Michael Price is Portfolio Manager of the Ausbil Active Dividend Fund at Ausbil Investment Management.
Regular equity income can help beat longevity risk and inflation, but finding quality income in equities is not as simple as it seems. Ausbil’s Michael Price talks us through successful active dividend investing.
Investors in the later stages of their accumulation phase, approaching retirement, and in retirement can benefit from the use of equities as part of their overall income plan. With a rolling 10 year dividend yield of 4.18%, equities can provide a vastly more attractive income than alternatives. Investors face two major risks that impact how much they have to fund retirement, and how long this will last: longevity risk, and the risk of inflation/rising costs over time. In simple terms, longevity risk is the risk of outliving your money. Inflation risk is the risk that rising costs (such as healthcare) reduces the purchasing power of your money each year. An equities approach to income can help outpace those rising costs, and provide long-term capital appreciation to help replenish funds.
Why does active dividend income investing work?
An active dividend investment approach can add value to a portfolio, and generate outperformance, through focusing on quality companies with strong dividends and dividend growth, companies with sustainable earnings growth, maximising the benefits available through the tax and imputation system, and tactical allocation to capture a greater share of dividend income.
Markets are efficient, but not perfect. The first and most fundamental reason that an active approach to income investing works is the fact that the market is relatively inefficient, particularly in the short term. However, some inefficiencies can be traps.
The risk of chasing yield for yield’s sake
The assumption that many income investors make regarding dividend yields is that the relationship of current dividend yield to future earnings growth is linear, that is, the higher the dividend yield, the higher the future earnings growth from which dividends are paid. This assumption does not actually hold in the market.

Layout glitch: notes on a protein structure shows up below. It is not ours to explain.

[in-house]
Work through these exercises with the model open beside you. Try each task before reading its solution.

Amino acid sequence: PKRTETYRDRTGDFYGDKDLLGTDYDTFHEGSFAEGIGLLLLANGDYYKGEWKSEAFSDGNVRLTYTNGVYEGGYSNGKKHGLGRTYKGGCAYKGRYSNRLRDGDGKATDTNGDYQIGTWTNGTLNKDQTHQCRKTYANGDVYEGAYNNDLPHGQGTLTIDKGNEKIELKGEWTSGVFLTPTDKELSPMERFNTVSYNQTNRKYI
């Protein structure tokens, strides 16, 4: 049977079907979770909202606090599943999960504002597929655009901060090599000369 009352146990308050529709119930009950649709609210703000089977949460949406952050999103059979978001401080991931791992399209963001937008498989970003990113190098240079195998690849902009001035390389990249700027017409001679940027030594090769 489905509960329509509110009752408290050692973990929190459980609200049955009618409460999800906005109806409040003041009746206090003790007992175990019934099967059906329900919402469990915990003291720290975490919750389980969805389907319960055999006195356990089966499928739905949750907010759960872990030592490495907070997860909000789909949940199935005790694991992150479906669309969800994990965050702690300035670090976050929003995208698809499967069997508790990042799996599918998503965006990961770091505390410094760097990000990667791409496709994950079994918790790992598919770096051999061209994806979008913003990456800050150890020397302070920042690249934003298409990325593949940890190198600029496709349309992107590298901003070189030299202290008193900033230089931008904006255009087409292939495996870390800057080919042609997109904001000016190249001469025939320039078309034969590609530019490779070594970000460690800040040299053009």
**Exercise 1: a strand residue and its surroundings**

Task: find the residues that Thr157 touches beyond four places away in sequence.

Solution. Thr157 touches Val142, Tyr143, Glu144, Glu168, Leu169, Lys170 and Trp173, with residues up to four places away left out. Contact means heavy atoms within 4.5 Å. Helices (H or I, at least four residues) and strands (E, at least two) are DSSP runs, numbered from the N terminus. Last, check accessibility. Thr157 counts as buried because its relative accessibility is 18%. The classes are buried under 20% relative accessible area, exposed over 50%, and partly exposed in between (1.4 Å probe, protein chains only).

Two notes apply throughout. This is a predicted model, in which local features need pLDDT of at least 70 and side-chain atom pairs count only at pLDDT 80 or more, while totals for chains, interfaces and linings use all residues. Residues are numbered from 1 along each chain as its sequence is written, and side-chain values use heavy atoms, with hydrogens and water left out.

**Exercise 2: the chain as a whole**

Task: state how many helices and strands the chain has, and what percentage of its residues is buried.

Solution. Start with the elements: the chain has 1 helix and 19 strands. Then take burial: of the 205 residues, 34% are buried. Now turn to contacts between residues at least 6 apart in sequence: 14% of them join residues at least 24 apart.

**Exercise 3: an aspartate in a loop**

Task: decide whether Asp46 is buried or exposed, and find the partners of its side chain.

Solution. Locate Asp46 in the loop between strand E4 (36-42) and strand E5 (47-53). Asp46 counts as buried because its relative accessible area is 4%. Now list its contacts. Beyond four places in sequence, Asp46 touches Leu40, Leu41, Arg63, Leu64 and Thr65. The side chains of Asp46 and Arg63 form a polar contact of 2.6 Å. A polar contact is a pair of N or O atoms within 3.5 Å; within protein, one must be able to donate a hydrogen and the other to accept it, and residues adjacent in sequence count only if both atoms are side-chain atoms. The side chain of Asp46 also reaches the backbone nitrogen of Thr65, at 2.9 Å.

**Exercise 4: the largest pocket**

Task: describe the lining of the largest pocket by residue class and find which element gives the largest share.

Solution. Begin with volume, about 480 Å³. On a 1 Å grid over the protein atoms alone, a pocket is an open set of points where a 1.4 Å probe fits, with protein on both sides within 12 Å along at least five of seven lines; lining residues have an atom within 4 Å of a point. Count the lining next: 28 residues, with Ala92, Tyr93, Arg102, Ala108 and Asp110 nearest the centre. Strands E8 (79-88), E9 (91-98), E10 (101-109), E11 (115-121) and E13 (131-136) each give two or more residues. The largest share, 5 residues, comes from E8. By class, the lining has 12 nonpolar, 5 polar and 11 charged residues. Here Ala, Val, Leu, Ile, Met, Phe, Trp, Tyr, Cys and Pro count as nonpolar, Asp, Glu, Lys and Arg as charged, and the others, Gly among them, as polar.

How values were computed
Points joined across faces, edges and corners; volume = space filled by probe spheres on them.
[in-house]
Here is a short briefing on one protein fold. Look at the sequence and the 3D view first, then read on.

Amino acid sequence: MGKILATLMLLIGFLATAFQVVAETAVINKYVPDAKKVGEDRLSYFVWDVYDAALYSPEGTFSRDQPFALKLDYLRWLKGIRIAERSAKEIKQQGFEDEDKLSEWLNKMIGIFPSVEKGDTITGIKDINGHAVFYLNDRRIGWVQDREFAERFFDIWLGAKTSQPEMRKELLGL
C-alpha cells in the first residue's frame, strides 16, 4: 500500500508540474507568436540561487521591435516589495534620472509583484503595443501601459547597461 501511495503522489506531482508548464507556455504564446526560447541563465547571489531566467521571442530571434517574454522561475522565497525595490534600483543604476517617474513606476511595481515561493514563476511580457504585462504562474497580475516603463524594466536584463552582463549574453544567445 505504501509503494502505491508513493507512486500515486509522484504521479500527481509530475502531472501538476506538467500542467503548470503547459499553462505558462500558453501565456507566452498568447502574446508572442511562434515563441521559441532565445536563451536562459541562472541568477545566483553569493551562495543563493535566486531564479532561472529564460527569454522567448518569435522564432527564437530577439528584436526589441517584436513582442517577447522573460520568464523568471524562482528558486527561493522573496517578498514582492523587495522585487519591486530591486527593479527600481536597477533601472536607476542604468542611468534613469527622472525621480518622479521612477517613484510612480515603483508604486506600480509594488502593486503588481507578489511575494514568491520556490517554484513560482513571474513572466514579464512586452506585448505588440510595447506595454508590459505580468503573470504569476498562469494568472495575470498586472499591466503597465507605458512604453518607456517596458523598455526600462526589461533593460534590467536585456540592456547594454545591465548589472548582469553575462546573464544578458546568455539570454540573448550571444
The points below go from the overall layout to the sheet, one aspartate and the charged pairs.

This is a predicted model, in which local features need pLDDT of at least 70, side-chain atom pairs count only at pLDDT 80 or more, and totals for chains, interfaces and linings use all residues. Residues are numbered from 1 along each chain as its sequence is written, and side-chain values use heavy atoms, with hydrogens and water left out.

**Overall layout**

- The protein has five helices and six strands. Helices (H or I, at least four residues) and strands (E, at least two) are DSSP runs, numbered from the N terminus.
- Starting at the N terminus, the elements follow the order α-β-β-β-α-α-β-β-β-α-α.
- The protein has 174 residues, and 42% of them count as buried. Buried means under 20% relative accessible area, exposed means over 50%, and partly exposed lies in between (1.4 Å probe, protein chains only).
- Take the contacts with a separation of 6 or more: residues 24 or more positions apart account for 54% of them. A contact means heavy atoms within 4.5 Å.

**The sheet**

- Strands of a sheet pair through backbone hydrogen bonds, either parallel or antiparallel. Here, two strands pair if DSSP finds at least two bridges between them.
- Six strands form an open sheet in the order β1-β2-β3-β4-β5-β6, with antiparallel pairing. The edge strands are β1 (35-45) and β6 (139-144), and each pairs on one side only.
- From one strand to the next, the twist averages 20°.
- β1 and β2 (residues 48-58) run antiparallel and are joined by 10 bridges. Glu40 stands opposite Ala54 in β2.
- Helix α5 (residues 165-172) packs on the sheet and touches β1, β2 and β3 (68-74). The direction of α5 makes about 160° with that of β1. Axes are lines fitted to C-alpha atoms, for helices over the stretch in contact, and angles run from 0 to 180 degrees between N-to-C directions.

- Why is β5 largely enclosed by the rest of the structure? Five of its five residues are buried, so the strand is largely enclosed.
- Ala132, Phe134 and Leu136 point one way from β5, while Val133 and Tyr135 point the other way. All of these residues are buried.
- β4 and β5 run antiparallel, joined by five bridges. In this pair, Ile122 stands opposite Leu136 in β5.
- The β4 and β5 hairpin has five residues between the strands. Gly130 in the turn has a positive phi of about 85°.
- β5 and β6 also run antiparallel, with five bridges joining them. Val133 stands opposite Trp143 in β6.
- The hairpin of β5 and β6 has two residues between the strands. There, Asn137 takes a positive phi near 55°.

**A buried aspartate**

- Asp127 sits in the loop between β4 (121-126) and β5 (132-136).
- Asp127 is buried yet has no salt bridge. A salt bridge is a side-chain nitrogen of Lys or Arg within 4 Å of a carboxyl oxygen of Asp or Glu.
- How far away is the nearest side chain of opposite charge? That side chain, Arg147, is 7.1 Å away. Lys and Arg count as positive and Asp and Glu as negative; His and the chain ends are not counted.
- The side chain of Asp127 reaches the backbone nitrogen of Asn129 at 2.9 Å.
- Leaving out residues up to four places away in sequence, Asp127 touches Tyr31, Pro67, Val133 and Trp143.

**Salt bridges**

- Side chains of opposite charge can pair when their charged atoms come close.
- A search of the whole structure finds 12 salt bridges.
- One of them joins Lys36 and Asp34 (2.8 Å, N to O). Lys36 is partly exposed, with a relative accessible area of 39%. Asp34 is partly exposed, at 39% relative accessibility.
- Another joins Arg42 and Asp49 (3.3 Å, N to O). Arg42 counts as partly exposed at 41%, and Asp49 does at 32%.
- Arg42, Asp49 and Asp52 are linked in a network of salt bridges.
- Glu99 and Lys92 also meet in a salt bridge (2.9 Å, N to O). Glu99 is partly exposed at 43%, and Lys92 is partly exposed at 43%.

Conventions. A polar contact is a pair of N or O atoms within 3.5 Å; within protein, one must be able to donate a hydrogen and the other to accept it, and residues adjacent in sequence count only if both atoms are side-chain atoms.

On average, the top dividend yield companies actually see low, or even negative, earnings growth going forward compared to companies in the 4th to 7th decile of companies, as illustrated in Figure 1. This has been true for the last 20 years. An active approach does more than simply chase the highest yield, as would a passive approach to yield. An active dividend income strategy can increase income from companies whose dividends are healthy, but maybe not the highest, because they are also investing earnings into a growing business, hence into better earnings growth in the year ahead. Another quirk of dividend investing is that the highest yielding stocks are more volatile, as illustrated in Figure 2.
Top decile dividend yielding companies tend to show higher volatility in returns, on average. An active approach to dividend income investing can seek to reduce portfolio return volatility by not chasing yield for yield’s sake, but investing judiciously on the fundamental value of future sustainable earnings growth. Finally, top dividend paying securities may not be good value-for-risk, as illustrated in Figure 3.
Chasing the highest dividend yield companies can provide poor value for risk taken when compared to the market. Lower decile stocks by dividend yield demonstrate a better performance for risk than for the top decile of dividend yield companies. High dividend payout ratios may also be indicative of a lack of equity reinvestment opportunities for a company, back into growing their own business. A company with a sustainable dividend profile usually seeks to reinvest some earnings into their business, into positive return projects that can generate earnings growth in the future. A classic example of a high dividend paying company compared to a company which has reinvested some earnings into productive opportunities for reinvestment is the difference between Telstra and CSL.